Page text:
Subtle Sexism: What To Look Out For

Conflicts can lead to more problems if not recognized and dealt with in their earliest stages. It does not matter if it is in the workplace, on campus, at church, or even at home.

If you are a woman, there may be times where your conflict will be rooted in the fact that you are not a man. When these sexist conflicts arise, you have to know what to do to protect yourself and the accomplishments you worked so hard to obtain.

But first you have to recognize the sexism. Some forms of sexism are more subtle than others.

Here are some examples of sexism-based conflicts that you should watch out for in different environments:

In the workplace, if you are constantly being asked to do seemingly menial tasks such as retrieving beverages,  you may need to look into the thought process behind the favor. Take heed and determine if anyone else on your floor or section is expected to do such things. Analyze the reaction that you receive if you decide to say no. Adam Grant and Sheryl Sandberg have found that based on thoughts rooted in sexism,  if “a woman declines to help a colleague, people like her less and her career suffers. But when a man says no, he faces no backlash.” If this seems true to you and your situation, you may want to look into changing the atmosphere.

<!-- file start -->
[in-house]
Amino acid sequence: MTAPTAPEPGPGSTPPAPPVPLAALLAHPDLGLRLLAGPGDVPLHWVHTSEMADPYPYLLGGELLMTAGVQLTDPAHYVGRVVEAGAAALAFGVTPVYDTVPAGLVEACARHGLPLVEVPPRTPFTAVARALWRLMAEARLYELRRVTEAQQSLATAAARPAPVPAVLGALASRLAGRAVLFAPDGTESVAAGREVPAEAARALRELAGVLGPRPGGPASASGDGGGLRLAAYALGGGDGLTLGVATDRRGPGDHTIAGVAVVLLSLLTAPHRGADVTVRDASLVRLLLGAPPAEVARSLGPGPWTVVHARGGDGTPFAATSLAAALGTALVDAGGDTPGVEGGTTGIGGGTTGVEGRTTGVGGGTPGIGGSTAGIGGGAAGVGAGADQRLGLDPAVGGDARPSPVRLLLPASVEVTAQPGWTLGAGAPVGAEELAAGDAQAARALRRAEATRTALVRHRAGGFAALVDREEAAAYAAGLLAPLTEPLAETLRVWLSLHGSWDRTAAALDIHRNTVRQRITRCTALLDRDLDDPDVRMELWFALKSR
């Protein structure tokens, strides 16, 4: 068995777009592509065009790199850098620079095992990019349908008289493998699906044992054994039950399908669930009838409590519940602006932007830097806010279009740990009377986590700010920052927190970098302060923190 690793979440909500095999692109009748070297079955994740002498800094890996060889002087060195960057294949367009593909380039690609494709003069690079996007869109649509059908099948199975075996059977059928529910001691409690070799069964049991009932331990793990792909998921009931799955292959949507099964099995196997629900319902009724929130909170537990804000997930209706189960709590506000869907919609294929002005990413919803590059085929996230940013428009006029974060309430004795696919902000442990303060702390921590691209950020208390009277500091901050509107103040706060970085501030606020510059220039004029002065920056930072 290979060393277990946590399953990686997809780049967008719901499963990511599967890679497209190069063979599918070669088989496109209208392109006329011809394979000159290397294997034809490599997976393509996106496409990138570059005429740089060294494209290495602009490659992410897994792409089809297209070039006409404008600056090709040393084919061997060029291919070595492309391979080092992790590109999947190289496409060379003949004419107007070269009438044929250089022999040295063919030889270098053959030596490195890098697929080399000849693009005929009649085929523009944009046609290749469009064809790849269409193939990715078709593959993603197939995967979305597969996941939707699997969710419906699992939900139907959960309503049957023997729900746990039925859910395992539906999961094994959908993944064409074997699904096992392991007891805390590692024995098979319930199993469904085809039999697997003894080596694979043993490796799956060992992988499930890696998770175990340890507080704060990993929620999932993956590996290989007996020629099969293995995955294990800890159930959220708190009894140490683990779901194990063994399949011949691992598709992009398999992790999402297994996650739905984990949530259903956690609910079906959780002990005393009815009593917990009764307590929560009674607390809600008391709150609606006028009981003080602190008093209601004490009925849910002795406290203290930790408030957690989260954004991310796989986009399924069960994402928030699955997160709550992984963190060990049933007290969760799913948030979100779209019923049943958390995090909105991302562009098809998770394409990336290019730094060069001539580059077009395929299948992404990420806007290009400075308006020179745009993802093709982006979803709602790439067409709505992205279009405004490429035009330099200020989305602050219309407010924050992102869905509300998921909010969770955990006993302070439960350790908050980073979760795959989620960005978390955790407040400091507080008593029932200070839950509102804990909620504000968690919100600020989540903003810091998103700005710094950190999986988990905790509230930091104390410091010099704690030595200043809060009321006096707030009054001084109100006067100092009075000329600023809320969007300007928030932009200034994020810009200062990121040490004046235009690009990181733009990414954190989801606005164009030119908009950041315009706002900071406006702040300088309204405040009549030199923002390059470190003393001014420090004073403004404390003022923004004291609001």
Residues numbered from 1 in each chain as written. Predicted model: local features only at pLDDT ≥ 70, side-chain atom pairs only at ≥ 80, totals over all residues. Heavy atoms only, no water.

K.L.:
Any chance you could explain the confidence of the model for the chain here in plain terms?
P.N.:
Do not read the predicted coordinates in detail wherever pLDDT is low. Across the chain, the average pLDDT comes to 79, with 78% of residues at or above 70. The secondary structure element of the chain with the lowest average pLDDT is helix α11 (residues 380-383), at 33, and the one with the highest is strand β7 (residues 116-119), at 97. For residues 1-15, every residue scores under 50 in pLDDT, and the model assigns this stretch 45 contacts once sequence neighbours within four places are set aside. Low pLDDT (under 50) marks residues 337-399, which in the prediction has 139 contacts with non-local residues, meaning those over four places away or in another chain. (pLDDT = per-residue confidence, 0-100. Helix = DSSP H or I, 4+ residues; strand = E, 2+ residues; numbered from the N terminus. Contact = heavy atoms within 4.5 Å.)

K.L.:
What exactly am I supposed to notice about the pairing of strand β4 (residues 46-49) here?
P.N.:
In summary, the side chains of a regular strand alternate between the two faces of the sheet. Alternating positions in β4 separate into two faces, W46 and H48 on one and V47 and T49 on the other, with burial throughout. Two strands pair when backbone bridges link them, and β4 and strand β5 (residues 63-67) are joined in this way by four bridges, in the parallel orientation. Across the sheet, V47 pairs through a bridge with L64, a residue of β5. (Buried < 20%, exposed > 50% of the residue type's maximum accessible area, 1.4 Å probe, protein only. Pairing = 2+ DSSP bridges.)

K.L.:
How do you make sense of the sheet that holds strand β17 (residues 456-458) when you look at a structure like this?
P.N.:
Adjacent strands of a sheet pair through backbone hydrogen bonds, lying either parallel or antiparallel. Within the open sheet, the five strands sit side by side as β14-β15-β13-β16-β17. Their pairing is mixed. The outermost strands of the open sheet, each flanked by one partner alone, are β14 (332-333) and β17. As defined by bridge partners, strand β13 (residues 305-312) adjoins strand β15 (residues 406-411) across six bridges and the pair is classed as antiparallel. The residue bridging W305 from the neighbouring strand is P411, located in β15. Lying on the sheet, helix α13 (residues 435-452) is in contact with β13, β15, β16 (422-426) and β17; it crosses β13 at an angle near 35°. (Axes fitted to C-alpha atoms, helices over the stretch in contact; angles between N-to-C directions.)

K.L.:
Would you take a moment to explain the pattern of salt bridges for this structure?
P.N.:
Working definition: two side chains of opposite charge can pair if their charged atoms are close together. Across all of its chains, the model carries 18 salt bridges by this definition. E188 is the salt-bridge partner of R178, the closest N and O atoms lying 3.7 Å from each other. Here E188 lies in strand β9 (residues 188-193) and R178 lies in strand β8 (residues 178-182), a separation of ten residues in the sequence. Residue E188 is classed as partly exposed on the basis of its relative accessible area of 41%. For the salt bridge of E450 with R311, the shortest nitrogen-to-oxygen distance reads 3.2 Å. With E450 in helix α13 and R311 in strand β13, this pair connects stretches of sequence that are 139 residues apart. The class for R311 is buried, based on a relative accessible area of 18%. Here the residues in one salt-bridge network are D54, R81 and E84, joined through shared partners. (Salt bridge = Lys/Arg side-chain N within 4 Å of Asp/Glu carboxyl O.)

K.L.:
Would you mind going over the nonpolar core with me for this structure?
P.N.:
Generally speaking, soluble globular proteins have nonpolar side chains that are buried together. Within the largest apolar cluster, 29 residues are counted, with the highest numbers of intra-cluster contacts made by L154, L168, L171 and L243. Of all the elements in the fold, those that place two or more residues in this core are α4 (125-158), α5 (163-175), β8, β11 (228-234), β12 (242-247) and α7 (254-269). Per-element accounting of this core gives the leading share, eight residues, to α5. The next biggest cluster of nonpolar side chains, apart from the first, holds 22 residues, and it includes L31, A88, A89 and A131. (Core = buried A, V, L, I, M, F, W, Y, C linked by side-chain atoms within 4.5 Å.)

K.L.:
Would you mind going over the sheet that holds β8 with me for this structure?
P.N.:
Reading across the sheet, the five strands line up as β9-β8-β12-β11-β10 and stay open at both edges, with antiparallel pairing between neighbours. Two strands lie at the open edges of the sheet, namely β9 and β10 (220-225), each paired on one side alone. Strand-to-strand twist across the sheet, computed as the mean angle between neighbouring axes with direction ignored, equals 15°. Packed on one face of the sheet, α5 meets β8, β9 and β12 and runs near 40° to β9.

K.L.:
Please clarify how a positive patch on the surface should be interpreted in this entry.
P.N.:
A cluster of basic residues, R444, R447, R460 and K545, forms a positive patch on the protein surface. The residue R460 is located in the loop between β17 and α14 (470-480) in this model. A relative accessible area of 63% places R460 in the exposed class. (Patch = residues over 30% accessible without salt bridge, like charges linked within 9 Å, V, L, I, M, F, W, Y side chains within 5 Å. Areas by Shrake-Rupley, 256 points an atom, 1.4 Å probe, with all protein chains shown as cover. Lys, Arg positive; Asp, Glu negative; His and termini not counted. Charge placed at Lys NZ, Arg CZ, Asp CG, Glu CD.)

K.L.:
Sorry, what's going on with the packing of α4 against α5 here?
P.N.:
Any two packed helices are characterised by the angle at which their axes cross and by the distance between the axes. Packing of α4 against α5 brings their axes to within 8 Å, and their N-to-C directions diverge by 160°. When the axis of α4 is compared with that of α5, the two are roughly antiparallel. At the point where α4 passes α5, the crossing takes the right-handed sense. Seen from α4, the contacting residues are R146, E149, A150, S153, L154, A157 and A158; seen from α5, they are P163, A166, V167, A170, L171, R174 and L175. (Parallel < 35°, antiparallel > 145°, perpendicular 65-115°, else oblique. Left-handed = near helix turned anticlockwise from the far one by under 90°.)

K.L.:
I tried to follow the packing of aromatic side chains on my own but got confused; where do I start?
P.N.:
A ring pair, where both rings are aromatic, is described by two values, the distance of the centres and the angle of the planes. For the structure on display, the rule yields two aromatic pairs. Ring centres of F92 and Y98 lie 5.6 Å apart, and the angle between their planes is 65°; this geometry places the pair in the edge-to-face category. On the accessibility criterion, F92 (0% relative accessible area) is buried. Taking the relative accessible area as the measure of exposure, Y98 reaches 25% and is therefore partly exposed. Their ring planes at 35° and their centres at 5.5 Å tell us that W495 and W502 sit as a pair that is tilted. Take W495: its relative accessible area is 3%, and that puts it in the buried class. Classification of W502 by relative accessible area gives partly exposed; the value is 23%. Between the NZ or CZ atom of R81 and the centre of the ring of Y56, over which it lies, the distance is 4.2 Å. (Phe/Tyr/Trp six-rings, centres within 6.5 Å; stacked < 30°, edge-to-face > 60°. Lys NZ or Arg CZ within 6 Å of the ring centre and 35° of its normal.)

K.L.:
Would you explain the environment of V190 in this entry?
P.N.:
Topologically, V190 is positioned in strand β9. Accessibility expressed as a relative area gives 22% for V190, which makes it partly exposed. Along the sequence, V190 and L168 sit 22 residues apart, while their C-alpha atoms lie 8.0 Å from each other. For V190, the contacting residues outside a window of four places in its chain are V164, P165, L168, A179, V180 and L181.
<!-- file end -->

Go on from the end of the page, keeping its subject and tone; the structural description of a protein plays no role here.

Sexism is not always a blatant disrespectful phrase…

For campus life, the situation from the workplace still applies because it is a universal example of something that can be perceived as simple, but in reality is sinister. An example that may more so apply to campus could be subtle sexism that could occur while having an open discussion in class. Kati Dlugosz, an alumna of Hiram College, felt that the men in her “classes seemed to feel entitled to every discussion, even if it was not related or had nothing to do with to their opinion.” If you are constantly being interrupted by men or males within your classroom and the disruption only occurs when you or another woman is speaking, then you may want to look into making that classroom environment a safer space to voice your opinions.

It can be covert and hide under the guise of asking for a favor or overtly voicing one’s opinion strategically at the time of a woman attempting to share her thoughts. Those two examples are definitely not the only examples of subtle sexism. 

Ladies, please be on the lookout for these occurrences remember you are not over-thinking the situation. Protect your dignity and protect your rights!

Mikyala Moore

Dillard University student from Kansas City who majors in criminal justice and wants you to know what I am thinking.

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